Calling to see them, all of them in their late 80’s or 90’s, they have great inner strength and great faith. They are not theologians in the formal sense, but they have a relationship with God that has stood the test of time. This is the faith that they first heard of at the fire-side and in the cradle. And they themselves often tell me of their mothers and grandmothers who taught them how to say their prayers.I appreciate how they easily merge their relationship with God with their own lived lives. It’s as if their relationship with Jesus Christ, Our Blessed Lady, and the saints, seamlessly cross over into their day-to-day lives with their children who are now often grandparents themselves. And when the kids call to see nanny or granddad, often they are the great-grandchildren. The Ireland of the kitchen table has been portrayed in times gone by with the picture of the Sacred Heart, Pope John XXIII, and President John F. Kennedy on the walls. This may be a quaint image that can raise all sorts of lively opinions about where we want to be as a nation into the future. Sophisticated society may say that this is not the real Ireland anymore. When I call to see these people who have given the best years of their lives to the growth of our nation, one of the main ingredients of their endeavours was the old faith. And one still sees a picture of the Sacred Heart or a statue of their favourite saint over the fire-place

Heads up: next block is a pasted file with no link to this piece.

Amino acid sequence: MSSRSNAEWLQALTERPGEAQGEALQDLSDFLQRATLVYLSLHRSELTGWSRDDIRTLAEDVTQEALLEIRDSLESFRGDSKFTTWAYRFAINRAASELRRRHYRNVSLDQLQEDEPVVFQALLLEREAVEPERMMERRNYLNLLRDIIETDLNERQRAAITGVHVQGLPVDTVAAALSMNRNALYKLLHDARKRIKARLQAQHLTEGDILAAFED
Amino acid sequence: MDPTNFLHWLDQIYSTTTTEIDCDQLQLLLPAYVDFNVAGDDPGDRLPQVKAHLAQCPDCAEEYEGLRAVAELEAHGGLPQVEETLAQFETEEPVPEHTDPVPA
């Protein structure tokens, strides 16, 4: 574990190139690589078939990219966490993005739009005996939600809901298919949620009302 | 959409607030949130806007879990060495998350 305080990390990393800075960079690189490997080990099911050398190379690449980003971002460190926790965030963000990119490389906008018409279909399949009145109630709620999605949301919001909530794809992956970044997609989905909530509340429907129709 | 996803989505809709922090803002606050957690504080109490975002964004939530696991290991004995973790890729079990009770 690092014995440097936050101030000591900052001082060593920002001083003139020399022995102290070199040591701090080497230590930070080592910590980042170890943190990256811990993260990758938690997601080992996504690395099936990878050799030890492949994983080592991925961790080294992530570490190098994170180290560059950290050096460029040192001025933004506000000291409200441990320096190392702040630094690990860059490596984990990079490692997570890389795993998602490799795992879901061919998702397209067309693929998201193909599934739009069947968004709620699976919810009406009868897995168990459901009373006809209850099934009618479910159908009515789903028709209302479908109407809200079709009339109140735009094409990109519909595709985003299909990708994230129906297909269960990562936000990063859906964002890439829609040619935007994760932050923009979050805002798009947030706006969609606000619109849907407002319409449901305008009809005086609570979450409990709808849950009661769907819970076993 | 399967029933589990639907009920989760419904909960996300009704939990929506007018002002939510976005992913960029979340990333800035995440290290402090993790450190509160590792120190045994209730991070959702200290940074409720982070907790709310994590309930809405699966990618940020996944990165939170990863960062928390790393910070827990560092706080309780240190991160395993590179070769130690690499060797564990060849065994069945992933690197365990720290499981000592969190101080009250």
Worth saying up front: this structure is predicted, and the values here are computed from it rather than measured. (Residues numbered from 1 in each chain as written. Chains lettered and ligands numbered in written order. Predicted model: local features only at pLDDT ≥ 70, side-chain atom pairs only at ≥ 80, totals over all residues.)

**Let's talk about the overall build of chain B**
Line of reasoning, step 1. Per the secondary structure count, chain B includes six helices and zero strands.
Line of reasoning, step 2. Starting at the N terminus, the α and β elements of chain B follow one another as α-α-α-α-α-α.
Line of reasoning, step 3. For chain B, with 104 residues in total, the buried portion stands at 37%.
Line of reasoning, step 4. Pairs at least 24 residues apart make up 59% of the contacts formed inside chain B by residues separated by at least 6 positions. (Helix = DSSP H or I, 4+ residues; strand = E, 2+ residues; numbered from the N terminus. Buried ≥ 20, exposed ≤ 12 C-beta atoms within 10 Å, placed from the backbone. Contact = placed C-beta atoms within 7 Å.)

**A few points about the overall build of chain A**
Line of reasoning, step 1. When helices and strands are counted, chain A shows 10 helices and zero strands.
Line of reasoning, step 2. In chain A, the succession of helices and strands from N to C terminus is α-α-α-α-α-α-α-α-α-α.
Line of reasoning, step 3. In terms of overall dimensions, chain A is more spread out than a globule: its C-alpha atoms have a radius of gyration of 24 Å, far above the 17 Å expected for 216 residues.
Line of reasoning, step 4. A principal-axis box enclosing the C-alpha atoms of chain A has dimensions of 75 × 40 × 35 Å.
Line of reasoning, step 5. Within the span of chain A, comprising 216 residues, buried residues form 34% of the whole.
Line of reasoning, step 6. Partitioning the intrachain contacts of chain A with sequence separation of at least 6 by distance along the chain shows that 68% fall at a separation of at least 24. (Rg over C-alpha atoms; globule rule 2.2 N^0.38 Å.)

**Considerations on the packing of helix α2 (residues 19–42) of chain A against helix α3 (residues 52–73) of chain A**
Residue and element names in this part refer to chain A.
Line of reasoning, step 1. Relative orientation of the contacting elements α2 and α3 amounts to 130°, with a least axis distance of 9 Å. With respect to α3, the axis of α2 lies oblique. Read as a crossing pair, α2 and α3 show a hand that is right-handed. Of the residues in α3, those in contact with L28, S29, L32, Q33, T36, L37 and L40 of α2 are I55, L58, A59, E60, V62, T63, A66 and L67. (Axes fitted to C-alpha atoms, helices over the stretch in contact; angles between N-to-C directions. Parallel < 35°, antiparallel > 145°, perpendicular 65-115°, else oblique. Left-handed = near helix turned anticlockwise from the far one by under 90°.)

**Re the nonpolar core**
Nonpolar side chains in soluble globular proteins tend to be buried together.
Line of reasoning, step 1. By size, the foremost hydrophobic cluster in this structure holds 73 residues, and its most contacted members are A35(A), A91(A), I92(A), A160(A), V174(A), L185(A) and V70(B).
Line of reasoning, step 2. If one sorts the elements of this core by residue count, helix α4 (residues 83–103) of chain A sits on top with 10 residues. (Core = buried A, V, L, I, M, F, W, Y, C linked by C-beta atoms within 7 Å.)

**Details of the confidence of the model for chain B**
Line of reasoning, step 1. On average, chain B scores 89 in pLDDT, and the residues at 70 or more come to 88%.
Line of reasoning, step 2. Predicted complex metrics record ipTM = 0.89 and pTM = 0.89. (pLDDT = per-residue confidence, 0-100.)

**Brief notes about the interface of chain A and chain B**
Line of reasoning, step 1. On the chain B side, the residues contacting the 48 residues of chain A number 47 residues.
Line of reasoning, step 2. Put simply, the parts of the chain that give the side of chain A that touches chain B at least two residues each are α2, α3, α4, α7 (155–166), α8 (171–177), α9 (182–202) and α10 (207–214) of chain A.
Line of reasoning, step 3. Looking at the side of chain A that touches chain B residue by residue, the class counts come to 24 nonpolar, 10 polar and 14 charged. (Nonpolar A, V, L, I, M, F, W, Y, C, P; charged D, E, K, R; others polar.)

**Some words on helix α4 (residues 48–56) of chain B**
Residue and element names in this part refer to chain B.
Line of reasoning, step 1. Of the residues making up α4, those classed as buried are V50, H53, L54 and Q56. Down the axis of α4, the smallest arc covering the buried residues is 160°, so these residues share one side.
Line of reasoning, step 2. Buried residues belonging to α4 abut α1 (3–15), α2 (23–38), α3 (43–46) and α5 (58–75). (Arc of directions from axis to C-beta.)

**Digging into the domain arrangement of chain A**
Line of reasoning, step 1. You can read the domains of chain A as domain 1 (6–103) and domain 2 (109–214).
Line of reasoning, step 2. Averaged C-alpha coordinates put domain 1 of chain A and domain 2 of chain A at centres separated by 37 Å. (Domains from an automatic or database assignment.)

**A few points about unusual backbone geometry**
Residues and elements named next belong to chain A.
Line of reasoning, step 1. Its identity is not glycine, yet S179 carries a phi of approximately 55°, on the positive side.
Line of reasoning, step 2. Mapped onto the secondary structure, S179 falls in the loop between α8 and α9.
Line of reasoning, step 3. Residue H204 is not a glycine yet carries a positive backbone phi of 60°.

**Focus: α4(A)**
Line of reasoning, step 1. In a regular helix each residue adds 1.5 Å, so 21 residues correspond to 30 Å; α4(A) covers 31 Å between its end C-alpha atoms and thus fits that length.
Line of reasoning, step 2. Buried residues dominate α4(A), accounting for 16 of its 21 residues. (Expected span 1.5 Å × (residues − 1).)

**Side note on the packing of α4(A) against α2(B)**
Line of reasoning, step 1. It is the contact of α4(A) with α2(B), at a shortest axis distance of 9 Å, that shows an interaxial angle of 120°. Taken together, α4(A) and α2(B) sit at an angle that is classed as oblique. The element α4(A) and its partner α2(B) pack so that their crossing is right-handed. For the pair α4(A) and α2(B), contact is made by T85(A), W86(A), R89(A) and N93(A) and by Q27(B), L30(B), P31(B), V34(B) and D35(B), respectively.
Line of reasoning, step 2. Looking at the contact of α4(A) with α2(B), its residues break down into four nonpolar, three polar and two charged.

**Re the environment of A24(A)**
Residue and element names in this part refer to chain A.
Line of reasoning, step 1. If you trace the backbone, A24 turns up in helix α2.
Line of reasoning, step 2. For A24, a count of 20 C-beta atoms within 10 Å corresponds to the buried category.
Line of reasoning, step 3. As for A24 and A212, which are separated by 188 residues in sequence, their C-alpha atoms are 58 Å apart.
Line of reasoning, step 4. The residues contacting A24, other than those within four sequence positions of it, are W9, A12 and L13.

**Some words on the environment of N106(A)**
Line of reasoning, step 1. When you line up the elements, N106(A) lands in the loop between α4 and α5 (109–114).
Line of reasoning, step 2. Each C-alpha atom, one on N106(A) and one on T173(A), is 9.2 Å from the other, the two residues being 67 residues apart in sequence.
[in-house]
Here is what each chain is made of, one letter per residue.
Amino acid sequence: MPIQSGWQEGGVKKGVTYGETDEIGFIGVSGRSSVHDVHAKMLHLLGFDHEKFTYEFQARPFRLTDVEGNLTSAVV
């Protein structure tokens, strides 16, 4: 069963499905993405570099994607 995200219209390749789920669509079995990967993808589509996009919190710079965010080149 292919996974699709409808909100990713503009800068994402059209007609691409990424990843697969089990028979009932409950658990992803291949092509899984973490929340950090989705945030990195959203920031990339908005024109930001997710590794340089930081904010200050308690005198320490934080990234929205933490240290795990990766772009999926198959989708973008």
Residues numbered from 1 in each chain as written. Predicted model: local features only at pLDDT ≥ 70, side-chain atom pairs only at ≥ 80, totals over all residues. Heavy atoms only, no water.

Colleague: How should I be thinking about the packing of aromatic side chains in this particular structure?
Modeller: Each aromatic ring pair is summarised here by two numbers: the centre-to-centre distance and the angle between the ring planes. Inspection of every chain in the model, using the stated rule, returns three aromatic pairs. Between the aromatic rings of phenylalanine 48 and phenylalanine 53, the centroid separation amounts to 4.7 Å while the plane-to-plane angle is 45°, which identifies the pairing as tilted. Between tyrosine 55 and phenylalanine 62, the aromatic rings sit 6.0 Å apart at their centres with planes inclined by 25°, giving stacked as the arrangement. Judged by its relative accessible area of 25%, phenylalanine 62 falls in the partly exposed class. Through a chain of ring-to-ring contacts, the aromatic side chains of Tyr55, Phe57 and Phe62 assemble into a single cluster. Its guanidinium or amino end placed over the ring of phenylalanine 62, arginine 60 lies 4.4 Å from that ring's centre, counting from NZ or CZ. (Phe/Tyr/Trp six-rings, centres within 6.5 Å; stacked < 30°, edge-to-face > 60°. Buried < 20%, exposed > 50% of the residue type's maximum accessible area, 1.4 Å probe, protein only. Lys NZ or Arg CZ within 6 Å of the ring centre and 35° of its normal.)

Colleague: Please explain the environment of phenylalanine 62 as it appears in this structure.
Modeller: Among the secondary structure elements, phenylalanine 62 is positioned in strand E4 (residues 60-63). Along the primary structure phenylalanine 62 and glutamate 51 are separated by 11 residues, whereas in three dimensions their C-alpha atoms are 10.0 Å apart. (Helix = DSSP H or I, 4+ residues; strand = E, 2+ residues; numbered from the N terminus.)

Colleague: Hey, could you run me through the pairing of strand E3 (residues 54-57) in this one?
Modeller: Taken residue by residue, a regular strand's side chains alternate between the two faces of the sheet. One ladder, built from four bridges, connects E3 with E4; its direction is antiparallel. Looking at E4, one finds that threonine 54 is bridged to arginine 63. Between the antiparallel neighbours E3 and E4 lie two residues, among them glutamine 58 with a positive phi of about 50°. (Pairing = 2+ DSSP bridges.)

On the first Friday of each month, they are waiting for me to call. RTE’s Sean O’Rourke or News talk’s Pat Kenny might be on the radio or Jeremy Kyle might be on the television. We take a moment and turn the sound down. One woman holds her late husband’s rosary beads in her hand, her link to the relationship they had which spanned almost 60 years. Another elderly man prays with me as we look across at happy family photographs on the mantelpiece that tell many stories of times gone by. One couple in their eighties I call to see have some children’s toys around the living room waiting for the next high-energy visit to nana and granddad.
The reality of age and ill health is never far away and despite some of these people being dependent on medication, and while oftentimes a care-giver is present when I call, there is still a smile of their faces. “Father, there’s worse off than me.” They would say. Whenever I hear of another bad news story locally, or further afield, I think of the many people who are painfully able to look beyond their own troubles and think of another’s. This is true Christianity and true humanity and I will never fail to be evangelised by these people of simple, yet sterling faith.